Interview with Dominique Keegan of The Glass

Nicole: Not only are you a member of The Glass but you co-founded the Plant Music record label as well, is that correct? Which came first, The Glass or Plant Music?

Dominique: Plant Music came first, I started it in 1997 with Marcus Lambkin (Shit Robot) and we mostly did parties and Djed aorund New York. The first 12” we released from Dublin based DJ Wool, who ironically is the other half of The Glass.

N: What is your musical background, were you formally trained in music? When did you first start creating music?

D: No formal training, I started playing a little piano as a child but really got into it when I got a bass when I was 13. I played my first gig in a pub in Dublin when I was 14 and drank 3 pints of ale, good times!

N: You opened a club in NY called Plant Bar that was shut down do to a “dance-violation”, is that right? How long was Plant Bar open?

D: 1999-2004 approx. The last year it was not really a dance bar. Once we got closed down for dancing we had to re-open as a regular neighborhood bar and that did not really work so we moved on. 1999-2003 at Plant bar were very special years, I will always look back on them with fondness and a smile.

N: What kind of parties did you throw at Plant Bar and what kind of music was played? What impact do you think it had on the electronic music scene today?

D: Mostly dance music, we had everyone from Fatboy Slim, Felix Da Housecat, Darren Emerson to Ad Rock Dj’ed there. Pretty much everyone from the NY and international scene came through at some point, Metro Area, Richie Hawtin and Magda. 2 Many Djs, Dj Dan, Aphrodite, Z trip, James Murphy did his first Dj sets there and he built the soundsystem. I think it maybe had an impact to the people who worked there like Luke from the Rapture, Gorman from !!! and the likes. I think they all got more into dance music from being at Plant Bar and their bands went on to influence a lot of people.

N: Where did the “Plant” name originate?

D: It came from our original parent company, Plantain, which we used to be a part of. The DFA also started under Plantain and their office and studio is still in that building. Plant also refers to the fact that Marcus and I were big pot heads back then.

N: Do you ever consider opening another club?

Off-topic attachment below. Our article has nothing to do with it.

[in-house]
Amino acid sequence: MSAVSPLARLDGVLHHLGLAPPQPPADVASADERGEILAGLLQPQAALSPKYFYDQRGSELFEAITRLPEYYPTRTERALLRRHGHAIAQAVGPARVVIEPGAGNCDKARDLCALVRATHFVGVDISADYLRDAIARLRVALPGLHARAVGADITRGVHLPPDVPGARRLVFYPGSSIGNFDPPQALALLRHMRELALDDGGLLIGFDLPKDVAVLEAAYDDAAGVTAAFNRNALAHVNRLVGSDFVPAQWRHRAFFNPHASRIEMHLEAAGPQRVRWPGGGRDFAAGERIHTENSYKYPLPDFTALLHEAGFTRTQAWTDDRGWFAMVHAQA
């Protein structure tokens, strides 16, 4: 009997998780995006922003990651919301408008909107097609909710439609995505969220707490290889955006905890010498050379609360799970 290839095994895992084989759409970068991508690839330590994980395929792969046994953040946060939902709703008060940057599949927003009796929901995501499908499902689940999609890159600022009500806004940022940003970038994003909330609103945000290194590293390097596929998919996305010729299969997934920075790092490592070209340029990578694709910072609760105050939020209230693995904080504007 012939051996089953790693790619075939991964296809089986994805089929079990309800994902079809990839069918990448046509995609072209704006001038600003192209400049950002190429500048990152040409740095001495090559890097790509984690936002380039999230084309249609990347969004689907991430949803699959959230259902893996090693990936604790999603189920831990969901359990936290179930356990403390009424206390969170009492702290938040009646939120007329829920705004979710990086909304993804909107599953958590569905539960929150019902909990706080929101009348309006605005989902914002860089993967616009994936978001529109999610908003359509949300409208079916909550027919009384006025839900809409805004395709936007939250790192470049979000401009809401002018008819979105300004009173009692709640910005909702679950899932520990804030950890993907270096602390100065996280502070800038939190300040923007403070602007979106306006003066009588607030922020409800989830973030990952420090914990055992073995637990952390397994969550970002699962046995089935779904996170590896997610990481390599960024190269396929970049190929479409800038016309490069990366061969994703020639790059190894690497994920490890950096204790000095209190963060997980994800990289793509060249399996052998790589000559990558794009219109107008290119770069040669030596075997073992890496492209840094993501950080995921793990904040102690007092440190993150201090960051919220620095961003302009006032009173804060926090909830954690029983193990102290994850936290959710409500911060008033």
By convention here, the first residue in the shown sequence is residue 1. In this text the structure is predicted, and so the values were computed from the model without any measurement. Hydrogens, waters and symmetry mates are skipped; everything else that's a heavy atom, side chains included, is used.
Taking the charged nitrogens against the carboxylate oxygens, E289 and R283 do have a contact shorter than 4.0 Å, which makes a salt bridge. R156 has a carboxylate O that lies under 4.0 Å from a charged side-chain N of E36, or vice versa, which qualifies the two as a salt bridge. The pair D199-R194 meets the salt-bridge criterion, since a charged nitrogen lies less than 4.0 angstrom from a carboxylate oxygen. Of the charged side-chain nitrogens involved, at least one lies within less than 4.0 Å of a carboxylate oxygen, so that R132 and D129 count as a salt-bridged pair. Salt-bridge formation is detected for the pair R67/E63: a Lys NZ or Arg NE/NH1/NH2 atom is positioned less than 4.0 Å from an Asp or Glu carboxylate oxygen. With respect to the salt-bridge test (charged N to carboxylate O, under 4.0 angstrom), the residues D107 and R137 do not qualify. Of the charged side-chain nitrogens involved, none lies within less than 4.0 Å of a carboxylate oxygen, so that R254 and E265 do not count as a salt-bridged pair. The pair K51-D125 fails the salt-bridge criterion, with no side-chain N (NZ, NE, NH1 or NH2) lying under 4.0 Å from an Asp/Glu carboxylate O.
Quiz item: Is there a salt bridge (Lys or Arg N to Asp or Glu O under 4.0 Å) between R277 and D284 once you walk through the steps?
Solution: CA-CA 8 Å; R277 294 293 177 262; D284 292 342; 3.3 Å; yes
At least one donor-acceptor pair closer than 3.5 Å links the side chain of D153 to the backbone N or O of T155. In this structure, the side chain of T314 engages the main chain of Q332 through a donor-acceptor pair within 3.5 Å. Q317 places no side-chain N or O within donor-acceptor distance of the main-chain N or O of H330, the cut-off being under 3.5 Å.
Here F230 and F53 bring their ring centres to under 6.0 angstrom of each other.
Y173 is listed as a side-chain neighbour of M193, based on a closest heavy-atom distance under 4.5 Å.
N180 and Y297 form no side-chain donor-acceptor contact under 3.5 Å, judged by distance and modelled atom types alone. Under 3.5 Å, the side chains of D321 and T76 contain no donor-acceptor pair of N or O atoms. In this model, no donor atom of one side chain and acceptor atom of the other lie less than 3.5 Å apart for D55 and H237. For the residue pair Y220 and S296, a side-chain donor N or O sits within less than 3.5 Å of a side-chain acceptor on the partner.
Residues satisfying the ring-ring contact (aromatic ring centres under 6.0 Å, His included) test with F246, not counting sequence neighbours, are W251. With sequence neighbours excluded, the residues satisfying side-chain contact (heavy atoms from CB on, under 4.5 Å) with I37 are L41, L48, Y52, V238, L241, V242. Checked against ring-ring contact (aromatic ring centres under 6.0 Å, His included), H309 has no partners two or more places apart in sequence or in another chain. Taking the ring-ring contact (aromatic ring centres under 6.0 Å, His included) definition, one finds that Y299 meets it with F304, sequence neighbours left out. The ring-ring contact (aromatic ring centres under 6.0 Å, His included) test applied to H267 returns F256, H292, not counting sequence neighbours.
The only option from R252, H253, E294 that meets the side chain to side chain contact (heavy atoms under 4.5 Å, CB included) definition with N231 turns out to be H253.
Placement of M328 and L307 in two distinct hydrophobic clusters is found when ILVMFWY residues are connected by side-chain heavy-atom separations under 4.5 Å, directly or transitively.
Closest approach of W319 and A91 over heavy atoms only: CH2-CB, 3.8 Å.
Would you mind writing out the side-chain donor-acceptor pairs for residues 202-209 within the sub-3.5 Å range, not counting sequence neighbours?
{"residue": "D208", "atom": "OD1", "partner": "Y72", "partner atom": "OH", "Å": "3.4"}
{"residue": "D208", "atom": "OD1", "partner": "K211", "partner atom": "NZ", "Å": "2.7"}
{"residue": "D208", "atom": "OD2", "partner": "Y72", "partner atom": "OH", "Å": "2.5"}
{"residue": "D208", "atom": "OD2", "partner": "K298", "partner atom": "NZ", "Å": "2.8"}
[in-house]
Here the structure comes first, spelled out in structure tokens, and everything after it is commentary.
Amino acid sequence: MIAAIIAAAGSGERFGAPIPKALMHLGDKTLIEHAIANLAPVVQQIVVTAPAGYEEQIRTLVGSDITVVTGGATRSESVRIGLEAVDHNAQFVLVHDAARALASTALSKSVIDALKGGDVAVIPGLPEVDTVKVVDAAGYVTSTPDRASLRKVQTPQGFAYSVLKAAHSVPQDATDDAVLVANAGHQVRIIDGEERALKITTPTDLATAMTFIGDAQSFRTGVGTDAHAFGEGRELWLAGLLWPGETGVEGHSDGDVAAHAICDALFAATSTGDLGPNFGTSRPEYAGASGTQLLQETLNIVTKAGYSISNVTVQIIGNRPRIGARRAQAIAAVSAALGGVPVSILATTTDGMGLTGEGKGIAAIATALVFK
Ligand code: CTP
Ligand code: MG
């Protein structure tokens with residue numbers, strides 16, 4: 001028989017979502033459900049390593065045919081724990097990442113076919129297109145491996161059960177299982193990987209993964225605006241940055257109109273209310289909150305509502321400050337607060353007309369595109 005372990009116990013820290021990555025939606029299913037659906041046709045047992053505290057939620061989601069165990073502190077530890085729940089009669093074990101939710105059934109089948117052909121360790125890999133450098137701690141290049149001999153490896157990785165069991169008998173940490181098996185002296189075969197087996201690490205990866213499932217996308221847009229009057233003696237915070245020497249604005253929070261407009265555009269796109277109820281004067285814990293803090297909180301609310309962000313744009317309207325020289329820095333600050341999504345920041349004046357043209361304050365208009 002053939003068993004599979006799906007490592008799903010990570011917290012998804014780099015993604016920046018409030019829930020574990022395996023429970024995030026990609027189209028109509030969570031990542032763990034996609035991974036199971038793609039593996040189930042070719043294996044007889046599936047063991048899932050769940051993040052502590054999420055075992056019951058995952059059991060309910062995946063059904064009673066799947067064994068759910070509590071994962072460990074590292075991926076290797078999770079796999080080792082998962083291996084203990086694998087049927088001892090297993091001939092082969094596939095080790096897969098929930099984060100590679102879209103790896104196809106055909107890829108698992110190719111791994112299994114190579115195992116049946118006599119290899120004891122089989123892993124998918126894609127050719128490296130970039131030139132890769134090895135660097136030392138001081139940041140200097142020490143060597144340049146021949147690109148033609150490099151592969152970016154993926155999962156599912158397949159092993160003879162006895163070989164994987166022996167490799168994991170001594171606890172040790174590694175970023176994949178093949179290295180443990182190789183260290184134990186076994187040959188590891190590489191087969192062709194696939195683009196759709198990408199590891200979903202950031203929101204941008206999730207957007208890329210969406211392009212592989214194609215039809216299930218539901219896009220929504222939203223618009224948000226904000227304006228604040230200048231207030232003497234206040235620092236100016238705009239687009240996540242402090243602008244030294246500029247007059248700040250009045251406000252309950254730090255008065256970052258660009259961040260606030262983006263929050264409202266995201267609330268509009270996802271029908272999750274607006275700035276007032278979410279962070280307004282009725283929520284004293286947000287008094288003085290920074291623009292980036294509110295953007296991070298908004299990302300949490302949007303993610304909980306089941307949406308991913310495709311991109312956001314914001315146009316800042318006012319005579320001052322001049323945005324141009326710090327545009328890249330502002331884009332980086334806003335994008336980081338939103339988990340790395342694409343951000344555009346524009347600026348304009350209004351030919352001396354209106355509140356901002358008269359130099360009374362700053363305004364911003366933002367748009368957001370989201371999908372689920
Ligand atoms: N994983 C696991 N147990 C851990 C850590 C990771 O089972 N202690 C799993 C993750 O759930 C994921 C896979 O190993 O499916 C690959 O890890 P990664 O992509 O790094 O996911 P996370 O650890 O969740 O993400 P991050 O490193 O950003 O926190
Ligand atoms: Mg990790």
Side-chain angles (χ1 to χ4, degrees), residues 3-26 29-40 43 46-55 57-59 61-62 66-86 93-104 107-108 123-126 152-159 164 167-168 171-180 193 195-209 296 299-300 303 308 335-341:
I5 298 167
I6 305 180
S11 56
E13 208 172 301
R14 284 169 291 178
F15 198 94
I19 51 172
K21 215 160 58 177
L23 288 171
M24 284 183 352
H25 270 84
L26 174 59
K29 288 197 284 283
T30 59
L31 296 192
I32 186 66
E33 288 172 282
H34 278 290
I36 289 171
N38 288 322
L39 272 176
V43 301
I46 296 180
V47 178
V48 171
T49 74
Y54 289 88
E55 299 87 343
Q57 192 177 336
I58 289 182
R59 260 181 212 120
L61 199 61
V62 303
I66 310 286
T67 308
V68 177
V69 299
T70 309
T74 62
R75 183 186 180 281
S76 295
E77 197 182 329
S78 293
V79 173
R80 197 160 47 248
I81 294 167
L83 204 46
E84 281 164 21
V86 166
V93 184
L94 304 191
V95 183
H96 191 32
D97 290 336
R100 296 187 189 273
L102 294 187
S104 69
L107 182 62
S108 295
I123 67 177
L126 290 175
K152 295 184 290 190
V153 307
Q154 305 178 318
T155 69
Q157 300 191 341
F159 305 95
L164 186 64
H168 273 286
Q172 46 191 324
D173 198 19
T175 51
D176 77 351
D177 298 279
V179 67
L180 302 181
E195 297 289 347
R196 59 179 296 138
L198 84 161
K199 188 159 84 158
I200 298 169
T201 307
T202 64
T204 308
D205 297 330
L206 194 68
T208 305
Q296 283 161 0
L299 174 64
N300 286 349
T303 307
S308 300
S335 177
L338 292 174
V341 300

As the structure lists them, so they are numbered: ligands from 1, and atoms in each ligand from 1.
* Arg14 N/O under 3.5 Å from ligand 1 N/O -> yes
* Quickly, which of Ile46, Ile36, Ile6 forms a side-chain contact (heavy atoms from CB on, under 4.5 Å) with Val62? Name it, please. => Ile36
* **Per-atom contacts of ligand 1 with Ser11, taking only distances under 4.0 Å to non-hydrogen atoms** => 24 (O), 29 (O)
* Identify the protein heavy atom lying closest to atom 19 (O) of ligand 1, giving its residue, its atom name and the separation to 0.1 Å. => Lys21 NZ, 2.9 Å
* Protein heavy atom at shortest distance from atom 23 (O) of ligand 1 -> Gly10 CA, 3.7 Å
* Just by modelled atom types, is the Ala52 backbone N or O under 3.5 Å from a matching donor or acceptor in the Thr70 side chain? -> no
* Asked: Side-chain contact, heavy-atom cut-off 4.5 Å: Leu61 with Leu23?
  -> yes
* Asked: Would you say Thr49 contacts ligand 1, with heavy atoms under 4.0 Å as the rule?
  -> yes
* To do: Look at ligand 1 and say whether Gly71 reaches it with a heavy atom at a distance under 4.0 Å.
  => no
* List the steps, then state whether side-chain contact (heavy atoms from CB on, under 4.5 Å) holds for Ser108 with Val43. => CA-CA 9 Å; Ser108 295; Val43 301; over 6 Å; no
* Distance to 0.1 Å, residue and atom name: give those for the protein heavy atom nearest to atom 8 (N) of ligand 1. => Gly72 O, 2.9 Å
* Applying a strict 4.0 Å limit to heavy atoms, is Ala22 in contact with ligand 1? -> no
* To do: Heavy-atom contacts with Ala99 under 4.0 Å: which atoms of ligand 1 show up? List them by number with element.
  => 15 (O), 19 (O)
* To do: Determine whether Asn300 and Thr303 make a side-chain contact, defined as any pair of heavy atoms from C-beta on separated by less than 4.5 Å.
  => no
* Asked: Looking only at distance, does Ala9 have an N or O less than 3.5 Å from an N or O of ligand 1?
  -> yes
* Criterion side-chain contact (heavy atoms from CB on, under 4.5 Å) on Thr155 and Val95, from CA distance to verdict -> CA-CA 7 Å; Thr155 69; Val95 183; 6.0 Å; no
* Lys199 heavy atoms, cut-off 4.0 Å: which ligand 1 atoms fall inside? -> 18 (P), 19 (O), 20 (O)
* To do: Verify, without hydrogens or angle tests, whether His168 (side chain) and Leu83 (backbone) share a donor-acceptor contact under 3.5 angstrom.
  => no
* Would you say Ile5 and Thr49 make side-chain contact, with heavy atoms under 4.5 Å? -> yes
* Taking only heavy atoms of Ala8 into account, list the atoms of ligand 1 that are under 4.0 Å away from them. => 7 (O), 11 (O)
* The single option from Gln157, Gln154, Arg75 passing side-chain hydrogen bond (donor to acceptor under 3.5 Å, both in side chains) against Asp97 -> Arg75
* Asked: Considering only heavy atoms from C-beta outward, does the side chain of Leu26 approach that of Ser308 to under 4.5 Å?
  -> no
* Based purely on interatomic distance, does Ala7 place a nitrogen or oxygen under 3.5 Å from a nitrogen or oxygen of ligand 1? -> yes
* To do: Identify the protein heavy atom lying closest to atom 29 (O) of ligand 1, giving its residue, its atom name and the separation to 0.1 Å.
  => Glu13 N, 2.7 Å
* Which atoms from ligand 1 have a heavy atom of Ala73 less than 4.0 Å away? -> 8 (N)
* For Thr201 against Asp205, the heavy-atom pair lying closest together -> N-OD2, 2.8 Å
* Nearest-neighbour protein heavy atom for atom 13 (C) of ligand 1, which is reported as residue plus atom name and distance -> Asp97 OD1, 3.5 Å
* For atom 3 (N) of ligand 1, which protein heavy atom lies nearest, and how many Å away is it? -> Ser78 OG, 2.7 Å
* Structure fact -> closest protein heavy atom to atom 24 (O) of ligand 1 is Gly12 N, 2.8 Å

D: Yes, anyone got $400 grand to lend me?

N: What is The Glass currently working on in the studio?

D: Glen is moving to California (from Berlin) next week for 3 months and we have started on new recordings that we will finish in Cali. We will also release one more single from our ‘At Swim Two Birds’ album in late Spirng with remixes by MNDR, Willy Joy, Tomboy, Clancy and many more..

N: Have any favorite synths?

D: I have always loved my Micro Korg for live shows but we don’t use that in the studio so much anymore. Glen has a MFB Kraftzwerg semi modular analog synth and MFB Urzwerg Analog Sequencer we use a lot now as well as a Roland 202 also, they sound really really good.

N: Do you think you will ever relocate out of NYC?

D: Possibly, Paris (I am half French) and LA are the towns that would be contenders but for right now I am keeping it strictly sidewalk.

N: Since moving to New York you’ve been an integral part of the modern dance music scene in America. How has this scene changed and developed over the years and where do you see of modern dance music going in the future?

D: I have seen it go from a very rave orientated scene in the early 90s coupled with the heyday of New York Latin House into the electronica era of Chemical Brothers and Underworld, through the French House explosion of the late 90s coupled with the big room sounds of clubs like Twilo and then that all got shattered by the advent of Electroclash which then got tasteful and evolved into Indie Dance and Electro House to where we are now. I think young US artists are starting to see the importance of their musical heritage of 80s Chicago and Detroit and I see a huge resurgence in throwback house (that we are already in the middle of).. Dance music has kind of taken over from Indie Rock in urban areas, at least where nightlife is concerned. I do think that dance music, for the most part, will always be somewhat underground in America but with every person under 30 having being raised on laptops I can understand that it will continue to grow as kids associate themselves more and more with studio based music.

N: Are there any new artists you are especially excited about in the upcoming year?

D: From Plant’s point of view I am super excited about new artists on the label like Danny Daze, Willy Joy, Grandtheft, Richard Richard and the ones we have already been championing, Eli Escobar, Clubfeet, The Glass, Tittsworth and Will Eastman.

N: If you were to create a list of your “All-time Favorite Songs”, what are a few songs that you would have to include?

D: Anything by David Bowie, Stevie Wonder, New Order, the Jam and 80s NY Hip Hop.

N: Any advice for new DJ’s or those new to the professional music scene?

D: Get a law degree, buy old machines, build a fanbase.

Catch the Glass live at BLISS Saturday February 26 at U Street Music Hall. The band performs at 10:00 p.m.